Best comeback of a Brooklyn landmark - 2006
YWCA on Atlantic Avenue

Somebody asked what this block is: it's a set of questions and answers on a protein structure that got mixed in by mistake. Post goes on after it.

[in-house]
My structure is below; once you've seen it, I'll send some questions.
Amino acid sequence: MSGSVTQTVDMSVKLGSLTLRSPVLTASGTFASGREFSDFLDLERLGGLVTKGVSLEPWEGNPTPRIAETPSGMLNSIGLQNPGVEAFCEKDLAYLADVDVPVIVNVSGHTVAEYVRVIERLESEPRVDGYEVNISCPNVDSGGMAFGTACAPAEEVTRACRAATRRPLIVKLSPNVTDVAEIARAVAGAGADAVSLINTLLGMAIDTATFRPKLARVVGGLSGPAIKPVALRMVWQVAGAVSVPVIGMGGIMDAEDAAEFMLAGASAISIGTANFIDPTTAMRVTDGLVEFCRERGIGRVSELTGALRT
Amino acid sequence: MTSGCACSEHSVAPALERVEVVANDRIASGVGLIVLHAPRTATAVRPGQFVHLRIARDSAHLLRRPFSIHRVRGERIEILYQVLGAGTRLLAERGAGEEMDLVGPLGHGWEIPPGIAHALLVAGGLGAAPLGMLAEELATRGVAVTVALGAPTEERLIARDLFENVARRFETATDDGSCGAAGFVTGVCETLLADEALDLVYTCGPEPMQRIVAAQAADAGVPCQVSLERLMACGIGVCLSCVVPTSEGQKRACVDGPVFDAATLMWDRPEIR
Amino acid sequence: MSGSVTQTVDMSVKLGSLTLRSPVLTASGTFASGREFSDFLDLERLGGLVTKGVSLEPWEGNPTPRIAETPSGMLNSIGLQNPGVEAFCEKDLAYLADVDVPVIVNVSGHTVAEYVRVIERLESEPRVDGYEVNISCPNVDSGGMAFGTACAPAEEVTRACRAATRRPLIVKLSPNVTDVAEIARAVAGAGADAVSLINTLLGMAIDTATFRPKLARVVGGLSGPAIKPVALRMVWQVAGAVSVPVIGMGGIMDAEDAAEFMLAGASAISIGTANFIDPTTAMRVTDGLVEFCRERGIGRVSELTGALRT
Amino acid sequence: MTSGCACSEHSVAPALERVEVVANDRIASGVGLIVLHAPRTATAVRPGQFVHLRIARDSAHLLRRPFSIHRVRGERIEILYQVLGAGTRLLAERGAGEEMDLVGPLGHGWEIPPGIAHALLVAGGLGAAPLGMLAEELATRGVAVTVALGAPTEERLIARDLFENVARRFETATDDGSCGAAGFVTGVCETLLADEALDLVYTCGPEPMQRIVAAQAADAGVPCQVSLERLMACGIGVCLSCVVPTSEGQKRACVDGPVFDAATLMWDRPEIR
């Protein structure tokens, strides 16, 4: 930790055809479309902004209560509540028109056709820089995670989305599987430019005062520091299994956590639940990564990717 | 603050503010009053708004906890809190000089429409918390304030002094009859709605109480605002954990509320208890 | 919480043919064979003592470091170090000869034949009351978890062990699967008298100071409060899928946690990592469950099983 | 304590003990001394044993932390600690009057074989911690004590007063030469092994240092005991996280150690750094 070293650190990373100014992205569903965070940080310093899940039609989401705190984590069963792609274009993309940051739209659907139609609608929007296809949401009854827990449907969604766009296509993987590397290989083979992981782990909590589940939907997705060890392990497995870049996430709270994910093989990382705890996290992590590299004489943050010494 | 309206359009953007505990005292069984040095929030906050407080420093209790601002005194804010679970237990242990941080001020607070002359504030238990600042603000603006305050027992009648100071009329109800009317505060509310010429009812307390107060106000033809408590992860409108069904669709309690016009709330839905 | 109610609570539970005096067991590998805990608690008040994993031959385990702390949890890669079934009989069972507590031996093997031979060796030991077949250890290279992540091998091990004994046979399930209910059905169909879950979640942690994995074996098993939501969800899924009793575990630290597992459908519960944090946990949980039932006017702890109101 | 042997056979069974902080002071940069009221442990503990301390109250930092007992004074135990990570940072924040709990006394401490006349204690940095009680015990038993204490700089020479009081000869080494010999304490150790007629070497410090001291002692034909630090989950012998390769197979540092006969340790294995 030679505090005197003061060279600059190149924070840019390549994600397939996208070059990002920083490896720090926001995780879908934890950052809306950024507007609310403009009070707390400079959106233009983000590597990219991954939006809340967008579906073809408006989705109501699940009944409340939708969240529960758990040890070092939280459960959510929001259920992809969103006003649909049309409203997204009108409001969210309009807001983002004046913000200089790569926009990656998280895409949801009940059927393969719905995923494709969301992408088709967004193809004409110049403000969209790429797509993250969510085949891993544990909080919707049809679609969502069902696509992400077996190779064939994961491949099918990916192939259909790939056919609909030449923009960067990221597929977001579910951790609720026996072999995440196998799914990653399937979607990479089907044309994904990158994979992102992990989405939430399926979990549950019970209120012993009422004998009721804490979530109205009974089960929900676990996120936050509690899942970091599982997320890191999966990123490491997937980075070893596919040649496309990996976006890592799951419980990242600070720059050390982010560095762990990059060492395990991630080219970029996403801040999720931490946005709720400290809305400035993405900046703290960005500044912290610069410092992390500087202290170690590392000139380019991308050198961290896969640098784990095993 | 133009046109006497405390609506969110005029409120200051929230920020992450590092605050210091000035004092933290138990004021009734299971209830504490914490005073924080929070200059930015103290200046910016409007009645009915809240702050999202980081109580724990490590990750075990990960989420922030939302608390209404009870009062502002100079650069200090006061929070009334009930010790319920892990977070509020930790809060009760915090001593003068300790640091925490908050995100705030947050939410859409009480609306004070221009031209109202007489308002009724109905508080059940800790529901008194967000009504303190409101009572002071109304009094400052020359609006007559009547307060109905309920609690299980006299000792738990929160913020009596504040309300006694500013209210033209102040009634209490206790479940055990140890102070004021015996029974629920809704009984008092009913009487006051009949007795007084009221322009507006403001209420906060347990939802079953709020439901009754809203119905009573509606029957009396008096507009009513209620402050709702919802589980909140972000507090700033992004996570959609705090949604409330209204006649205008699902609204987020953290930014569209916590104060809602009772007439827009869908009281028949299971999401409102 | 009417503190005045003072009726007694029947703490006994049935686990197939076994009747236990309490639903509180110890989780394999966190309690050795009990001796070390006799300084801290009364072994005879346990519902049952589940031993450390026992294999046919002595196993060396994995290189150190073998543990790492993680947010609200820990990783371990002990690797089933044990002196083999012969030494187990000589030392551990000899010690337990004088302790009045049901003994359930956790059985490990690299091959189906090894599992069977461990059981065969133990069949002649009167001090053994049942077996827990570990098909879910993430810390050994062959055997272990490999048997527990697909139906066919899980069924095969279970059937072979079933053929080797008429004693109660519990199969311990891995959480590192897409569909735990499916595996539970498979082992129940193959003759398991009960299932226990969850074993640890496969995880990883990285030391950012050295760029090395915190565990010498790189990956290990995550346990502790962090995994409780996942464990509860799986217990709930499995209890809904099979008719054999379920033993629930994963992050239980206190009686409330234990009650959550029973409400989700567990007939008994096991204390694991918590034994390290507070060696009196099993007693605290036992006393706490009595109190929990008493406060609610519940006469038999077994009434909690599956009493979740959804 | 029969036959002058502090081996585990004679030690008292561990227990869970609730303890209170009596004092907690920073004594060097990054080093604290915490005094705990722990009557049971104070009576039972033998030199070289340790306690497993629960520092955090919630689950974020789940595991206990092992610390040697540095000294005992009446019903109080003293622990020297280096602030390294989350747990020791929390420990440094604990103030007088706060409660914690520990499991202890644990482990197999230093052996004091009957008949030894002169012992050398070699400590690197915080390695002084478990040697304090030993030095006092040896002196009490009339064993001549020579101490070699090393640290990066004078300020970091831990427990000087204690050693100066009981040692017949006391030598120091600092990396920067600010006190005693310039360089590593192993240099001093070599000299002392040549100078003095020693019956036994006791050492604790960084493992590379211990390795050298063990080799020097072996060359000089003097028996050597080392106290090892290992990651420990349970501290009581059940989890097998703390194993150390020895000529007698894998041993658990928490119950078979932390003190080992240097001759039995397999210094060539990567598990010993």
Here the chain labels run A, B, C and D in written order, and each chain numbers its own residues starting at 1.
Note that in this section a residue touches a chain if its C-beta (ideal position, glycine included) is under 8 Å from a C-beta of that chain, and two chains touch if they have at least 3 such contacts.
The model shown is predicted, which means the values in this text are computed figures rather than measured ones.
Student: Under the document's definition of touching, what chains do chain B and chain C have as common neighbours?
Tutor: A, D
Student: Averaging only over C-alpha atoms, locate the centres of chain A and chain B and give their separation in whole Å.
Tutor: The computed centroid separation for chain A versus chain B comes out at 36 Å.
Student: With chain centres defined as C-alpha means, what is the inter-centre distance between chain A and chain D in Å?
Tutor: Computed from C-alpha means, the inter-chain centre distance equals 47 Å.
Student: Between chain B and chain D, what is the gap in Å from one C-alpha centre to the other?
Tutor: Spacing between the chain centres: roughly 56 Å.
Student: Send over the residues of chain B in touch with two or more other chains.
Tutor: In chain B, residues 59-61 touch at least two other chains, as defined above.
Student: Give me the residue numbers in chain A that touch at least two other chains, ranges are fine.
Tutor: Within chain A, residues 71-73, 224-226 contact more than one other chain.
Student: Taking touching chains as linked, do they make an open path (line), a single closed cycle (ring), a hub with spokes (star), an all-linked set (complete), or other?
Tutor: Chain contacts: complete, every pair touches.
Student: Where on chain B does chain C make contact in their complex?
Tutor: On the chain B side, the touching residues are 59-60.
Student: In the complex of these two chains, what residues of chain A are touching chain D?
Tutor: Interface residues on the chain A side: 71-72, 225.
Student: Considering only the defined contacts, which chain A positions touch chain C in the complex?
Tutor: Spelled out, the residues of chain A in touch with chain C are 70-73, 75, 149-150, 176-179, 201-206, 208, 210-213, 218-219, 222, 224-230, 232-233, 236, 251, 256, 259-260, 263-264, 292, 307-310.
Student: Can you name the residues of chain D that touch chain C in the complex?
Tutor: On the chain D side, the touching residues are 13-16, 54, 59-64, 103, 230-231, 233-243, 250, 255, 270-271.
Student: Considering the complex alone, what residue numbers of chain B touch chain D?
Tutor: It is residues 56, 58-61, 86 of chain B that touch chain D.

Resurrected like the Mets this year was a Brooklyn landmark, the YWCA on Atlantic Avenue, just off Flatbush, a borough symbol for decades. It was so broke, weighed down by years of debt, that this home for 214 women living in single-room-occupancy intimacy almost shut its doors. It's such a prime piece of real estate, a short distance away from Bruce Ratner's grandiose Atlantic Yards project, that some argued it should simply be sold. But executive director Barbara Turk defied her auditors, who said it was "no longer a going concern," and her suitors, who waved big bucks at her and told her to take the easy way out. Instead, Turk found a way to make the 78-year-old building even more of a welcoming home for low-income single women ages 19 through 95. The Y is converting four floors, including the pool and the fitness center, into real affordable housing, building 84 studio apartments for women. Two other floors have been redesigned as a community center for women. They've got breast cancer, diabetes, and heart disease programs available. Instead of a bust-out, the Y is now a big help-out to hundreds of women, most of them elderly, in the heart of old Brooklyn.